“…at 6 o’clock in the morning I’m already done with my hair; at 7 I’m fully dressed; – then I compose until 9 o’clock; from 9 to 1 o’clock I give lessons. – Then I Eat, unless I’m invited by someone who doesn’t eat lunch until 2 or 3 o’clock as, for instance, today and tomorrow at the Countess Zizi and Countess Thun.- I can’t get back to work before 5 or 6 o’clock – and quite often I can’t get back at all, because I have to be at a performance; if I can, I write until 9 o’clock. After that I go and visit my dear Konstanze; – however, our pleasure of seeing each other is often ruined by the galling remarks of her mother … but this is the reason why I want to liberate and rescue her as soon as possible. – I get home about half past 10 or at 11 o’clock at night; – it all depends on her mother’s darts or my ability to endure them. – Since I can’t depend on being able to compose in the evening, because of the concerts that are taking place, but also because of the uncertainty whether I might be summoned somewhere, it has become my habit to compose a little before going to bed, especially when I get home a bit earlier. – Often enough I go on writing until 1 o’clock – and then, of course, up again at 6 o’clock.”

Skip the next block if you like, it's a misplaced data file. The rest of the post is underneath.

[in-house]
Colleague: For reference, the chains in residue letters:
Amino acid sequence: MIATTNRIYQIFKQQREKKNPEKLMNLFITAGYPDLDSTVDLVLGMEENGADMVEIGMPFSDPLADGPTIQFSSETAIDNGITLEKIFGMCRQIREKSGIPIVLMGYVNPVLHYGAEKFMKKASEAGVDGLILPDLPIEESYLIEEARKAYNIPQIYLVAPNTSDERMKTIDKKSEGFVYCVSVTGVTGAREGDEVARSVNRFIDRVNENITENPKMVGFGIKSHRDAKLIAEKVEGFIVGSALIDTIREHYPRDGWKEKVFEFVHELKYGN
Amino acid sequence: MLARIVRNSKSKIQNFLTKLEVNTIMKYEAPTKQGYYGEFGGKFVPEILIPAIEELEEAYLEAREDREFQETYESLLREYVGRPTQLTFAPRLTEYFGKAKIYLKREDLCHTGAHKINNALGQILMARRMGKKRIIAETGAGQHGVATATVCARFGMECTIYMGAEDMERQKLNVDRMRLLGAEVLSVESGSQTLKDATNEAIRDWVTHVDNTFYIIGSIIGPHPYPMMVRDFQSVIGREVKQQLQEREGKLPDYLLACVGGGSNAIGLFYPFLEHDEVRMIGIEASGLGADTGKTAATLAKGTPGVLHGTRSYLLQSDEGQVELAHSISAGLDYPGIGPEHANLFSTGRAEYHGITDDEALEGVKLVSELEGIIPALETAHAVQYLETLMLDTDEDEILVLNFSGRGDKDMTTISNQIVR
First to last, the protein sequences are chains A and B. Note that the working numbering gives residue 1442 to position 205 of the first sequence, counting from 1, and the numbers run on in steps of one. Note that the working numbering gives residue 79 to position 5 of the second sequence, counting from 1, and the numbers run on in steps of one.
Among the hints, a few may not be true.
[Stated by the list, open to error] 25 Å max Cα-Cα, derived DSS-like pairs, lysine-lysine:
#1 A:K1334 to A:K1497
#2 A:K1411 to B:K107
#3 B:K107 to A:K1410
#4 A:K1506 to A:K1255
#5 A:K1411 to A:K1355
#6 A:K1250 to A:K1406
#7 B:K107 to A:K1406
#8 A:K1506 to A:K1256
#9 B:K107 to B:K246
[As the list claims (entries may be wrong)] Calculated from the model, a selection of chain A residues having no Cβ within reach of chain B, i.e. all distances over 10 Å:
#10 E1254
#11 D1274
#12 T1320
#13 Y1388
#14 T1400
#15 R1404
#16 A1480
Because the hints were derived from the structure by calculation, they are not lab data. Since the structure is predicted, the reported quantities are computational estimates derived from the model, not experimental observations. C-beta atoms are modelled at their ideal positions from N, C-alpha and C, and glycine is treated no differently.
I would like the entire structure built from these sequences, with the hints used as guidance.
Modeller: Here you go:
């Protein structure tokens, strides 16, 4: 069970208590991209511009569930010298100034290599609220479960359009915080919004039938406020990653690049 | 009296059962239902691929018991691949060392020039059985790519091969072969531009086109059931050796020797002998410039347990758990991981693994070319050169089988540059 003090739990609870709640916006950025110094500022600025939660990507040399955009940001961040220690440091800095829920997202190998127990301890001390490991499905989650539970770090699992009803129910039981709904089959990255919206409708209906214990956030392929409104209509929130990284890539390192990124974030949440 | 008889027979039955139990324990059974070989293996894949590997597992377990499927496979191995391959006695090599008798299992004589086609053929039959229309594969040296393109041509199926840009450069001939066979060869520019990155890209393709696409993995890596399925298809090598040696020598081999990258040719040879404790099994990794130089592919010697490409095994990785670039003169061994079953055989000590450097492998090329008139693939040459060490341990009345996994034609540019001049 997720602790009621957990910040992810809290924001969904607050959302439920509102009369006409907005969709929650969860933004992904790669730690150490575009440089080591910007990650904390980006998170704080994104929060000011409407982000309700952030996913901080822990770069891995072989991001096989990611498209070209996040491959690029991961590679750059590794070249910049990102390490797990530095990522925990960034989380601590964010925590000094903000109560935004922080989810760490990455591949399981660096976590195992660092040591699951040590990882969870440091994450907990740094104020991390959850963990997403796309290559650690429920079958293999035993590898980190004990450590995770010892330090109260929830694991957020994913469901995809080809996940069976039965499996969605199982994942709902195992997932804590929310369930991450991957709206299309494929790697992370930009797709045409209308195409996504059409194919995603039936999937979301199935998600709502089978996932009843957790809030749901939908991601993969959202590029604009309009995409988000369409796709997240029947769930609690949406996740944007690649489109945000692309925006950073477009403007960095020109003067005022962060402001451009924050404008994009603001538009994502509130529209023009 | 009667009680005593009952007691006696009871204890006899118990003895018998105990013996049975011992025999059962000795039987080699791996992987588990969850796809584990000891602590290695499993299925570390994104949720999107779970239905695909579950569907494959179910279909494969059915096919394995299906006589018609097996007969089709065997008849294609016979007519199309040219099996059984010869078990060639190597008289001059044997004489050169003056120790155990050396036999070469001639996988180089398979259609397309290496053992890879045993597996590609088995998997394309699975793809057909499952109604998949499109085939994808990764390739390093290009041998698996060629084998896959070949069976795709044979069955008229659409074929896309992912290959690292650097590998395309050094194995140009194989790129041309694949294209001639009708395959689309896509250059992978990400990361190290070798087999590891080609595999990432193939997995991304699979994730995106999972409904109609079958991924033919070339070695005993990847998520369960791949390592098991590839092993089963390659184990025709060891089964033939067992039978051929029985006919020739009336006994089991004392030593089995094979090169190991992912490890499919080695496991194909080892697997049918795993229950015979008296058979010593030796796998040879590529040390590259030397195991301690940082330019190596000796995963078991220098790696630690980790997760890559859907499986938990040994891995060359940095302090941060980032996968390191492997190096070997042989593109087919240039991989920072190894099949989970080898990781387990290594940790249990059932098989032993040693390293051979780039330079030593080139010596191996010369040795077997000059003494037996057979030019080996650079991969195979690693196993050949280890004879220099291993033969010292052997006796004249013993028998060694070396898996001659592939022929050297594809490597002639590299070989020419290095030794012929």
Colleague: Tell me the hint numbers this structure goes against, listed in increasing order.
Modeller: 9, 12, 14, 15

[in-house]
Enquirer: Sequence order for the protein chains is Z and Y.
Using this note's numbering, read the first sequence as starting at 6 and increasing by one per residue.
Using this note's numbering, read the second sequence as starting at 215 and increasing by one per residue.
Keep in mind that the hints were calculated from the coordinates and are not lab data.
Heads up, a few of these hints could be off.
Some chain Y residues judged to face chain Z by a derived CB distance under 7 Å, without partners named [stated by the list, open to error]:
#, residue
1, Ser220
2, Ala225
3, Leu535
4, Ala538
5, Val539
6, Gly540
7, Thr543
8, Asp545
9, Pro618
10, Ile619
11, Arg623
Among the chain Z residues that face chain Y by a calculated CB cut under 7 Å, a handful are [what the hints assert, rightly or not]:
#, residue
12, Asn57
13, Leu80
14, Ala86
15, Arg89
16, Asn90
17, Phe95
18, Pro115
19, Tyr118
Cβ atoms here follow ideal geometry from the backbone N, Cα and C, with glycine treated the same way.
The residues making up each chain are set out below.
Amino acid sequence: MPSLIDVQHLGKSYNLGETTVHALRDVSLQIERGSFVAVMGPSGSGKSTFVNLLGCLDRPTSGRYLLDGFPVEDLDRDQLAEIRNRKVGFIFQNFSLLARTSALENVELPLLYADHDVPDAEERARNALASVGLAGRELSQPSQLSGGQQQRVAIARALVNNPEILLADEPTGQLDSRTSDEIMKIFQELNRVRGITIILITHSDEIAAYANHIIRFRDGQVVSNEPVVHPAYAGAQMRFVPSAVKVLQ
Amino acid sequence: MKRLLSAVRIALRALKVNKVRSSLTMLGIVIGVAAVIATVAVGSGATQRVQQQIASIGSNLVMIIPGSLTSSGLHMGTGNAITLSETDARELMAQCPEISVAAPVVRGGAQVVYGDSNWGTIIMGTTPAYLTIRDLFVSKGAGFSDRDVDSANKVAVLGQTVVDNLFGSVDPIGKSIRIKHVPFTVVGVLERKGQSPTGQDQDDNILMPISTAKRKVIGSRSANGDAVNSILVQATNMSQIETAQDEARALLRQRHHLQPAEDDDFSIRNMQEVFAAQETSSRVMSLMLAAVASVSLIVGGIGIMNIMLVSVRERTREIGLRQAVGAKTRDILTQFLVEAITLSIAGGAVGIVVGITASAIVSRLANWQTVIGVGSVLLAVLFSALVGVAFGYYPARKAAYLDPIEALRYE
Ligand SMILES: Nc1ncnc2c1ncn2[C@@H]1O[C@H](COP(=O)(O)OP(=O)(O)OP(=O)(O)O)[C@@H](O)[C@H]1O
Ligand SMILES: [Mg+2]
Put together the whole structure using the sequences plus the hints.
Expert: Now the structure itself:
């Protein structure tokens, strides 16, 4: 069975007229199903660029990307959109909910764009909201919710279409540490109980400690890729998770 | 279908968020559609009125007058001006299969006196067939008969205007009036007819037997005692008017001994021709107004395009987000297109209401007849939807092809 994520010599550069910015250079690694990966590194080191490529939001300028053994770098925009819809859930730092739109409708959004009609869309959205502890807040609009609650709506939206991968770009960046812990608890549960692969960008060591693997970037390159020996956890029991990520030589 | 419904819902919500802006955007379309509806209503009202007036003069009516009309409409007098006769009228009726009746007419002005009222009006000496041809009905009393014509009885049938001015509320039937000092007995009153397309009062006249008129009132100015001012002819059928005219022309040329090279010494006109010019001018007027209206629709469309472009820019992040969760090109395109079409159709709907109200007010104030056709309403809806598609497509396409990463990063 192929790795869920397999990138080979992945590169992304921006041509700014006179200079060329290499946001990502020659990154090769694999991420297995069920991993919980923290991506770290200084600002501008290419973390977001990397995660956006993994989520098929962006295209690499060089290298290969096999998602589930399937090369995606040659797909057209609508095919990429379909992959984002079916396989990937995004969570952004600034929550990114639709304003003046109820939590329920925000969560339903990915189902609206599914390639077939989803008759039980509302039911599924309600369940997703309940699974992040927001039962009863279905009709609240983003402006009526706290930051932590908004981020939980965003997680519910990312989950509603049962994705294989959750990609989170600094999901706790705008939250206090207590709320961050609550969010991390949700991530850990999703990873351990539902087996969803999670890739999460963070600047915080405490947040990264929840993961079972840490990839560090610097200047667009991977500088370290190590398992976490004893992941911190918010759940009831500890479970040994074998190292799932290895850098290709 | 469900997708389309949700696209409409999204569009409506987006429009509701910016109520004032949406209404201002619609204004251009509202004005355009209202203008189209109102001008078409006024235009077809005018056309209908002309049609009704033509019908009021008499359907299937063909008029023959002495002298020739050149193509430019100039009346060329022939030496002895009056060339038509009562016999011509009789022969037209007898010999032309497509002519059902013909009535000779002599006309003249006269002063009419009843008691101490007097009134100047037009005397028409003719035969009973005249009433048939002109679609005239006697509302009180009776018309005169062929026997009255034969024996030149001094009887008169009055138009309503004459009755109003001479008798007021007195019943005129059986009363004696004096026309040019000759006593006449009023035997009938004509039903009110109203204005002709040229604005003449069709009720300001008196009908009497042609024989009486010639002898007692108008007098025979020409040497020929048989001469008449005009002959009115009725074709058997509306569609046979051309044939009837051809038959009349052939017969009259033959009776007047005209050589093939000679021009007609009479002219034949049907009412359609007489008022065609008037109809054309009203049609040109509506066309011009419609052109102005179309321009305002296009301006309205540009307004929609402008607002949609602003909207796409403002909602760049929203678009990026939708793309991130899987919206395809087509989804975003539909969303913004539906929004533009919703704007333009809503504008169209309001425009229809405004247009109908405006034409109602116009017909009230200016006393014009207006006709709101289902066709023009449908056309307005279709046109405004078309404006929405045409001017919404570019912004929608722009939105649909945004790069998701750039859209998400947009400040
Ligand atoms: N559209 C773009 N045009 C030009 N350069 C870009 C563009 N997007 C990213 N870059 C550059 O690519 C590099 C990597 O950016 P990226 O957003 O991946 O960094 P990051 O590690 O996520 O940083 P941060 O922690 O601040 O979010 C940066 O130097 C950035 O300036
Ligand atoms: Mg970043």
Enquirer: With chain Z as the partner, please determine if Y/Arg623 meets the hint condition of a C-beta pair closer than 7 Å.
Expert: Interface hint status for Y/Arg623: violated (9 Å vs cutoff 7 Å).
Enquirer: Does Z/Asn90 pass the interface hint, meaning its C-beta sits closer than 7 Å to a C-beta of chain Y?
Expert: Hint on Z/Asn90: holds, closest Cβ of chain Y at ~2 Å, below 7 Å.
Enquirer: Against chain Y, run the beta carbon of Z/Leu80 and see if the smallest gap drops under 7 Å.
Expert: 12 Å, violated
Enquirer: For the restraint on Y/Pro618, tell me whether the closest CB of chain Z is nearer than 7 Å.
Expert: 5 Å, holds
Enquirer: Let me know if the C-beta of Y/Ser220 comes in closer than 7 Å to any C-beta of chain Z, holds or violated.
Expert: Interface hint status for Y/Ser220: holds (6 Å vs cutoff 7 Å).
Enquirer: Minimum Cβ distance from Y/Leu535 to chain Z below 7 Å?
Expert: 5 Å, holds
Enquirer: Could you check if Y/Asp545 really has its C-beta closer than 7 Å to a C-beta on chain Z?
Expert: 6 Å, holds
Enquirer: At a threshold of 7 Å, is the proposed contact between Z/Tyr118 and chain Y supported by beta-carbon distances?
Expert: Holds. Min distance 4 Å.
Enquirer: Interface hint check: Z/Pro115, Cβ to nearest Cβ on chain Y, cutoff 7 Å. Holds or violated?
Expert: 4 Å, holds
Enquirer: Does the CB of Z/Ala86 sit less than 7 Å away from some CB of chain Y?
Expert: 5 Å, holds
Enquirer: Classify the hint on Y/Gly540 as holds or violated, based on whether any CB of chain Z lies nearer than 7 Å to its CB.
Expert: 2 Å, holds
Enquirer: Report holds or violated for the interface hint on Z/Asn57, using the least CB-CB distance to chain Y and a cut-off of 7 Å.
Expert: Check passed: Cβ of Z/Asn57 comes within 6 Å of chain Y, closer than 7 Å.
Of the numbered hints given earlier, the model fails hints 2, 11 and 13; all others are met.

– Wolfgang Amadeus Mozart, in a letter to his sister, Maria, 13 February 1782.
Cited in: Spaethling, Robert (2000) Mozart’s Letters; Mozart’s Life. London: Faber and Faber, p.304.